INDICATIONS that the government is planning to act proactively in addressing the grievances of the minority communities can only be welcomed.
Fortunately, no time-consuming inquiry is needed to ascertain the nature and extent of minorities’ plight; much that should be done to ameliorate their lot is known. For several years, minorities in Pakistan have been agitating for the implementation of former chief justice of Pakistan Tasadduq Husain Jilani’s judgment of June 2014.
In the judgment he authored, the apex court issued eight directions that called for (i) creation of a taskforce to develop a strategy for promoting religious tolerance; (ii) curricula reform for fostering religious and social tolerance; (iii) steps to discourage hate speech in the media and action against offenders; (iv) creation of a national council for minorities; (v) training of a special police force to protect minorities’ places of worship; (vi) implementation of the 5 per cent job quota for minorities; (vii) registration of cases for violation of minorities’ rights or desecration of their places of worship; and (viii) creation of a three-member bench of the Supreme Court to ensure compliance with the directions and to entertain complaints of violations of minorities’ fundamental rights.
No time-consuming inquiry is needed to ascertain the nature and extent of their plight.
Some of these directions (such as the creation a taskforce on religious tolerance, formation of a national council for minorities, implementation of the job quota, and registration of cases of violations of rights and desecration of places of worship) could be promptly implemented, while curricula reform and training of a special police force were bound to take time. A special bench of the Supreme Court started working soon after the judgment was delivered, and it did ask the government a few times for reports, but the heavy workload perhaps affected the pace of its work. The government’s failure to act upon the court’s directions caused considerable frustration among the minority communities.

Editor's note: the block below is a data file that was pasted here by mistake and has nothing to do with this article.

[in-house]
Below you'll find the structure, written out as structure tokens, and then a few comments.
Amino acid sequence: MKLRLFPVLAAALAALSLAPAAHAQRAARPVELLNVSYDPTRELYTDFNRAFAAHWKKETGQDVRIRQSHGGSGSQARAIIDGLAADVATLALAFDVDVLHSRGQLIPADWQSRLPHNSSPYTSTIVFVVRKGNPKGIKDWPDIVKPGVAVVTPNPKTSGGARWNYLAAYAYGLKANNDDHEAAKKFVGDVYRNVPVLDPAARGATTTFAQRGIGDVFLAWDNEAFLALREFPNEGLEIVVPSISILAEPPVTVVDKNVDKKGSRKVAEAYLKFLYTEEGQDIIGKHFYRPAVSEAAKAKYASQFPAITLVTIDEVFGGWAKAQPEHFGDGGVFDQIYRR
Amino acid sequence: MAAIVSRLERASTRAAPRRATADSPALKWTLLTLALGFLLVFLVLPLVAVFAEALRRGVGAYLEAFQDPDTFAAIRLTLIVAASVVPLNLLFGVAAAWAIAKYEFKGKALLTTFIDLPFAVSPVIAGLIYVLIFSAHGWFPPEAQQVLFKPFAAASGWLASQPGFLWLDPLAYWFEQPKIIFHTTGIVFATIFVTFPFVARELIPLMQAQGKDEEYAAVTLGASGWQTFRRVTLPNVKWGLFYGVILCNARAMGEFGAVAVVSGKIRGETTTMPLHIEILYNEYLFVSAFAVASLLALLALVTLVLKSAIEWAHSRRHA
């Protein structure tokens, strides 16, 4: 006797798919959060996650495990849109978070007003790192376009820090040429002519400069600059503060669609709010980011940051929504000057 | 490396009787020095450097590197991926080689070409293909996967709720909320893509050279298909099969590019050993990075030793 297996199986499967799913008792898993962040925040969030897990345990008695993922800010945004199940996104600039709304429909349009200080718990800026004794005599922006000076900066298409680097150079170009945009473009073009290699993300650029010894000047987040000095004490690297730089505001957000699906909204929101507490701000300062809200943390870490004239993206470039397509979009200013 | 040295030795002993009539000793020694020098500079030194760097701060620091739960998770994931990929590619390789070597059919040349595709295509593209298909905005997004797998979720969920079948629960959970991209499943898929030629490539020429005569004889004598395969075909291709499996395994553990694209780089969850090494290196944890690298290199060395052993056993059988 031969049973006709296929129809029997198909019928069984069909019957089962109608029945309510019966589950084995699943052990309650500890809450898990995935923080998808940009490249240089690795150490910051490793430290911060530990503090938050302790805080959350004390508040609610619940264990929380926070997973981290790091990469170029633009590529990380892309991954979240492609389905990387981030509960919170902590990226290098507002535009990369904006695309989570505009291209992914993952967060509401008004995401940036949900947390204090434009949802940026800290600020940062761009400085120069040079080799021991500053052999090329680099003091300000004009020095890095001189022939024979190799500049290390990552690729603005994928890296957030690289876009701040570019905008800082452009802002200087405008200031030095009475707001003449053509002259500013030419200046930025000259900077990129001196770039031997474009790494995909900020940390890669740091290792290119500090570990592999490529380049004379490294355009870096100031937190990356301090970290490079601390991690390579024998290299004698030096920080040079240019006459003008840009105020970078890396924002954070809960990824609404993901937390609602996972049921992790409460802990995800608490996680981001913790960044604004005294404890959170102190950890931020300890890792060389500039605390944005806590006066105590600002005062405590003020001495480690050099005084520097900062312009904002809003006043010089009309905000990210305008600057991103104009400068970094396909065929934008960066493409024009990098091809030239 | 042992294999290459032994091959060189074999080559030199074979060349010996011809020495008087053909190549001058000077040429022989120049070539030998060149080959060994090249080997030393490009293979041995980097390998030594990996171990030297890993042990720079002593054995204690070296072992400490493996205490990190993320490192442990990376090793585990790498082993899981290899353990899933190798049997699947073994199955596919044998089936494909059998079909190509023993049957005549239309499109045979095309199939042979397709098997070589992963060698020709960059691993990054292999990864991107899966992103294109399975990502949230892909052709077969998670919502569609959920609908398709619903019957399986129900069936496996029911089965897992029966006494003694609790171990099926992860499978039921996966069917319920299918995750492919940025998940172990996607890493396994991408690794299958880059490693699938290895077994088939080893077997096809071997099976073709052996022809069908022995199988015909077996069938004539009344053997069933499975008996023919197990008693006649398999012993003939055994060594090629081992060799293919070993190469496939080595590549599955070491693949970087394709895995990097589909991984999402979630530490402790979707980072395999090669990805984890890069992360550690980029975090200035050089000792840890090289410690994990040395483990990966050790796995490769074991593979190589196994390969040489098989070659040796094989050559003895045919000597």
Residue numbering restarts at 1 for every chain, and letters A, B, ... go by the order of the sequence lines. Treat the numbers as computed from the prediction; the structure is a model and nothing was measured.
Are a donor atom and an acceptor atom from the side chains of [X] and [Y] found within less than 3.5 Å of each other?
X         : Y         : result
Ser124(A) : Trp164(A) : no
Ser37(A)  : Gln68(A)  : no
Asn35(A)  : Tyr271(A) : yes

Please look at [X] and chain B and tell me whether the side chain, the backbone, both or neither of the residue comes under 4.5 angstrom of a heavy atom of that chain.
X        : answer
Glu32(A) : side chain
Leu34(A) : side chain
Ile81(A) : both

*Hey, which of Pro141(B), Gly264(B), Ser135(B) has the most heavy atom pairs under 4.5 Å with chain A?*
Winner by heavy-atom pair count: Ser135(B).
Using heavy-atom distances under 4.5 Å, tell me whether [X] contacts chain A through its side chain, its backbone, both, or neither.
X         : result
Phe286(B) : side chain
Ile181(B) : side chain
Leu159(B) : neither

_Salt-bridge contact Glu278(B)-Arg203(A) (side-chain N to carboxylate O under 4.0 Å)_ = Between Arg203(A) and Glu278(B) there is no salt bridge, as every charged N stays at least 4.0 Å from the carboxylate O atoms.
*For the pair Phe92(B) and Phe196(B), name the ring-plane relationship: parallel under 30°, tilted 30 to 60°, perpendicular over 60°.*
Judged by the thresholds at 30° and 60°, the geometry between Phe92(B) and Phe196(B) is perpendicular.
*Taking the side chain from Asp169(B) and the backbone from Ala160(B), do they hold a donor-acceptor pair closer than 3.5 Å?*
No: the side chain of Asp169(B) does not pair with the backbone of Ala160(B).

That the task of ensuring compliance was assigned to a bench of the Supreme Court is one of the significant features of the verdict. Secondly, it has been accepted by the minority communities as a charter of their rights, at least for the time being. Aggrieved by the administration’s habitual tardiness, three civil society organisations approached the Supreme Court last year to persuade the government to fulfil its obligations, and the chief justice of Pakistan appointed Dr Shoaib Suddle as a one-man commission to report compliance priorities. The commission’s work has been hampered by lack of facilities. This week on Tuesday, the Supreme Court declared it would soon issue an order, which will hopefully be implemented forthwith.
A Bishop’s testimony
Meanwhile, the minorities’ case for their rightful place in Pakistan has been ably argued by Bishop Emeritus of Lahore Dr Alexander John Malik in his recently published book, My Pakistan: The Story of a Bishop.